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How can I calculate the velocity of air that would come out of a pierced can of compressed air if I assume that the pressure inside the can is 7 atm and the size of the hole is that of a regular nail?

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The flow approaching the exit hole inside the can will converge toward the exit hole, primarily with spherical symmetry. In spherical coordinates, the radial Navier Stokes equation (neglecting viscosity) will be: $$\rho v \frac{dv}{dr}=-\frac{dp}{dr}$$where $\rho$ is the density. Therefore, $$vdv=-\frac{dp}{\rho}$$Assuming adiabatic reversible expansion in the converging flow, we have $$\frac{p}{\rho^{\gamma}}=const$$or, equivalently, $$\frac{\rho}{\rho_0}=\left(\frac{p}{p_0}\right)^{1/\gamma}$$So, $$\frac{dp}{\rho}=\frac{p_0^{1/\gamma}}{\rho_0}\frac{dp}{p^{1/\gamma}}$$So, integrating, we have: $$\frac{1}{2}v^2=\frac{\gamma}{(\gamma-1)}\frac{p_0}{\rho_0}\left(1-\left(\frac{p_f}{p_0}\right)^{(\gamma-1)/\gamma}\right)$$Substituting $\rho_0=\frac{p_0M}{RT_0}$yields $$\frac{1}{2}v^2=\frac{\gamma}{(\gamma-1)}\frac{RT_0}{M}\left(1-\left(\frac{p_f}{p_0}\right)^{(\gamma-1)/\gamma}\right)$$If this exceeds the speed of sound at the exit conditions, then the exit velocity will be the speed of sound.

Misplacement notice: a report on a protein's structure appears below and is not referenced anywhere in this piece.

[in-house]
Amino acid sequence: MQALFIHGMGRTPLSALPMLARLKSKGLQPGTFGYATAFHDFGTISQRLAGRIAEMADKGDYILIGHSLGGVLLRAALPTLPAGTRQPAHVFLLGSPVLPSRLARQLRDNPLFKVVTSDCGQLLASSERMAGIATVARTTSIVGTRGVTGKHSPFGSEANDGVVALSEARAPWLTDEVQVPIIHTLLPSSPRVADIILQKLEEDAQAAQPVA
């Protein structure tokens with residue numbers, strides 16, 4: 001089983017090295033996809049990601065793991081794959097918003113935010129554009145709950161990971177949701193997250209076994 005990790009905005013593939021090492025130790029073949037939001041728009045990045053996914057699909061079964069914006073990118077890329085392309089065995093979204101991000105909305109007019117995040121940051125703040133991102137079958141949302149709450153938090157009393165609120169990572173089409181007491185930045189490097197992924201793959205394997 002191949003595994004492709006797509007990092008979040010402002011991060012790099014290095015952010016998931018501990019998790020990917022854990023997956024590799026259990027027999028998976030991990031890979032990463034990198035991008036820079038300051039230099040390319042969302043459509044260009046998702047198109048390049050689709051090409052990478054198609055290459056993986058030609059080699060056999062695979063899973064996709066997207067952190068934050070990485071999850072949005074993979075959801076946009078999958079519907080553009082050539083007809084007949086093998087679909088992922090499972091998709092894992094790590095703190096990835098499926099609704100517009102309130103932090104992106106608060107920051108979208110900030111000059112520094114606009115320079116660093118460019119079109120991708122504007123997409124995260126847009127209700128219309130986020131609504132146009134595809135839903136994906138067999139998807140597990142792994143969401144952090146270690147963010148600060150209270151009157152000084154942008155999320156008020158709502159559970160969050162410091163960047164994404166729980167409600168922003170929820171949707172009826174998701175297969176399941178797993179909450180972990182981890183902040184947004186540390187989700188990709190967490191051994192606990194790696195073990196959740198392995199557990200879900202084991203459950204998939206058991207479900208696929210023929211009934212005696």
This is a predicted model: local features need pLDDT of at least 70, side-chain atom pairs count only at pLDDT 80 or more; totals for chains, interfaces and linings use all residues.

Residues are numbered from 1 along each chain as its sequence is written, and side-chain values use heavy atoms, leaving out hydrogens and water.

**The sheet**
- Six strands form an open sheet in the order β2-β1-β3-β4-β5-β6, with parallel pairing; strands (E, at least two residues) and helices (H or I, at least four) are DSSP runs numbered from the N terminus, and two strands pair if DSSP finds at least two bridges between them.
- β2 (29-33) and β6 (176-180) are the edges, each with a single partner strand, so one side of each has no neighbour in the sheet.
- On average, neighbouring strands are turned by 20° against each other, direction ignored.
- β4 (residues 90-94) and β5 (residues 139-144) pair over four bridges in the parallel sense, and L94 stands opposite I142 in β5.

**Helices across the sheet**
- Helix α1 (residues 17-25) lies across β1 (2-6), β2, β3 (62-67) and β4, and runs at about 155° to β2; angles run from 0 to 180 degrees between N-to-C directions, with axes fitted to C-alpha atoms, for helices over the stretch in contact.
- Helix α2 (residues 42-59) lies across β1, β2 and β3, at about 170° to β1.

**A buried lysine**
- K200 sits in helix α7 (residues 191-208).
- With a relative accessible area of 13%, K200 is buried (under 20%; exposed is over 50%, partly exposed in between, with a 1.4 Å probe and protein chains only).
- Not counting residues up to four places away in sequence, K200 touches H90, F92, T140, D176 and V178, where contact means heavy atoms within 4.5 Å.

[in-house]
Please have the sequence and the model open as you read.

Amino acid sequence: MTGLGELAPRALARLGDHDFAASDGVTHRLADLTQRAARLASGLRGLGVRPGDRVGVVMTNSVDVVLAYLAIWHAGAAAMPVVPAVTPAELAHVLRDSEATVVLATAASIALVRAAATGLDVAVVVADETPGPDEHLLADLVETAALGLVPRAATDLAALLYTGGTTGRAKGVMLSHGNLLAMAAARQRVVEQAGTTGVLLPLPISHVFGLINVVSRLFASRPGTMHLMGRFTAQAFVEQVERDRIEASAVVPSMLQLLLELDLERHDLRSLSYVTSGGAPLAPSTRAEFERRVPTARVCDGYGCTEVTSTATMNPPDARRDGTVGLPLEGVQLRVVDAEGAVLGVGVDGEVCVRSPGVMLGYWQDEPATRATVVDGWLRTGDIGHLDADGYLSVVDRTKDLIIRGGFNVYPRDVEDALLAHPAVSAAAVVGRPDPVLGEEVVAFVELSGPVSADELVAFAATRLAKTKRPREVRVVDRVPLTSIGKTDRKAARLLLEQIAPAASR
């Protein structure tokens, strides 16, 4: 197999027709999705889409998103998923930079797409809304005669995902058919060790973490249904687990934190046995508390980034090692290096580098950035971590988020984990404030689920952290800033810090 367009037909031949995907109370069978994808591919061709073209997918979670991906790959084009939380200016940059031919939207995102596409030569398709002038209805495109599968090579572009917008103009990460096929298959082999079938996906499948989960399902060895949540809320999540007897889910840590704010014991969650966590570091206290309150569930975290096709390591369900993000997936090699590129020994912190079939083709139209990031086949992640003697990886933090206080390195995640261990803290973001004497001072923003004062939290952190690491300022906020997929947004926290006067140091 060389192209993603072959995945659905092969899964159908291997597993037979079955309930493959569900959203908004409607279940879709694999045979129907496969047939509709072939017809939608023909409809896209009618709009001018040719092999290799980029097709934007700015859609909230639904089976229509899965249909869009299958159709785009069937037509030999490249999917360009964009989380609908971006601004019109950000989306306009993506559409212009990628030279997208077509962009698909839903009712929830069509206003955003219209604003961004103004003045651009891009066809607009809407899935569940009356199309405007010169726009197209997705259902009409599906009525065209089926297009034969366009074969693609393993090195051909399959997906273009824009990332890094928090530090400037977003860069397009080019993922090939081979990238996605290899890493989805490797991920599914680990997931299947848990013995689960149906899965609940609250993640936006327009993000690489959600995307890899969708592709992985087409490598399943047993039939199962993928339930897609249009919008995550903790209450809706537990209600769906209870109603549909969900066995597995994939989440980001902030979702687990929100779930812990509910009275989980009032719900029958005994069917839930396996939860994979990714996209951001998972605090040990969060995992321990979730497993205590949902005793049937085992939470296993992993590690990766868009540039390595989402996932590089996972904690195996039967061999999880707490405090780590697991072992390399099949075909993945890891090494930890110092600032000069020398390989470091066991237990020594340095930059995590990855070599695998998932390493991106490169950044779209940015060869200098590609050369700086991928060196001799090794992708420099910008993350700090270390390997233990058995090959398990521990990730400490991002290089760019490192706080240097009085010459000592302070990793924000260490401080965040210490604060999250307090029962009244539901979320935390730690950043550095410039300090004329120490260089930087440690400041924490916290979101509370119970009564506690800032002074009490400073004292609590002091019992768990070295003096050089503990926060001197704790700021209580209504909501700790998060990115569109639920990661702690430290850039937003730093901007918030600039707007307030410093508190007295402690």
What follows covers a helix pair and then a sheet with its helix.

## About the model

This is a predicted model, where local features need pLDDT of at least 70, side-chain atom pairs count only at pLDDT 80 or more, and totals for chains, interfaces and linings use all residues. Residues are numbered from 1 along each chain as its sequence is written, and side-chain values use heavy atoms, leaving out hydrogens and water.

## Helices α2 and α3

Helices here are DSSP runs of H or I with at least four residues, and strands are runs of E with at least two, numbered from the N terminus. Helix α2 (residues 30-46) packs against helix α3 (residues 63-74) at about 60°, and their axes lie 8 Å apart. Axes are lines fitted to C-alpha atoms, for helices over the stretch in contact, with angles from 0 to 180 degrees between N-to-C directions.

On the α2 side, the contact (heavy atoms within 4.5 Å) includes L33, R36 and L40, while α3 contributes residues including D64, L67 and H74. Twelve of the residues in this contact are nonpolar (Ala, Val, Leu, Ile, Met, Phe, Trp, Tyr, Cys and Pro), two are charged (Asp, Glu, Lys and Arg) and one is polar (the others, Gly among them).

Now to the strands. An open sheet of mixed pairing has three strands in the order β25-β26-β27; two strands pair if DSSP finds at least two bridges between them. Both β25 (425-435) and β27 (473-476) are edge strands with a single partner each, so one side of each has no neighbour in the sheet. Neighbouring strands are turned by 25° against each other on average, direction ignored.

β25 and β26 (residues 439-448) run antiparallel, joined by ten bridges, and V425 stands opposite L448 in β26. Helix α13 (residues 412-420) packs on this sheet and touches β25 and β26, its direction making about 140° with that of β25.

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  • $\begingroup$ How valid is your assumption of negligible viscosity? $\endgroup$
    – nluigi
    Aug 21, 2018 at 7:08
  • $\begingroup$ Pretty good as lone as the predicted velocity does not exceed the speed of sound. Otherwise, there will be a shock wave. $\endgroup$ Aug 21, 2018 at 12:50
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The method proposed below is rather primitive and I am not sure how accurate the result would be, but that's how I would attempt to do it, if I did not want to deal with equations.

You can ballpark the initial velocity (flow rate) using a calculator (like this) for the air flow through an orifice.

As the air is coming out of the can, the internal pressure and the flow rate would decay.

If you want to chart the flow rate decay curve over time, you can calculate the flow rate for a number of time steps by figuring the percentage of the air loss and, correspondingly, the pressure drop in each step, based on the flow rate determined in the previous step and the volume of the can.

For instance, if, based on the initial flow rate, you determine that, in $1$ second, $10$% of the air mass has escaped the can, you can assume that the pressure inside the can has dropped from $7$atm to $6.3$atm and use this new pressure level to calculate the flow rate for the next step.

Then you can actually perform the test, measure the time it takes for all excessive air to escape and compare it with the time indicated by the curve. If the difference is significant, you can adjust the diameter of the orifice entered into the calculator or use a calculator based on a better model until the curve fits the test.

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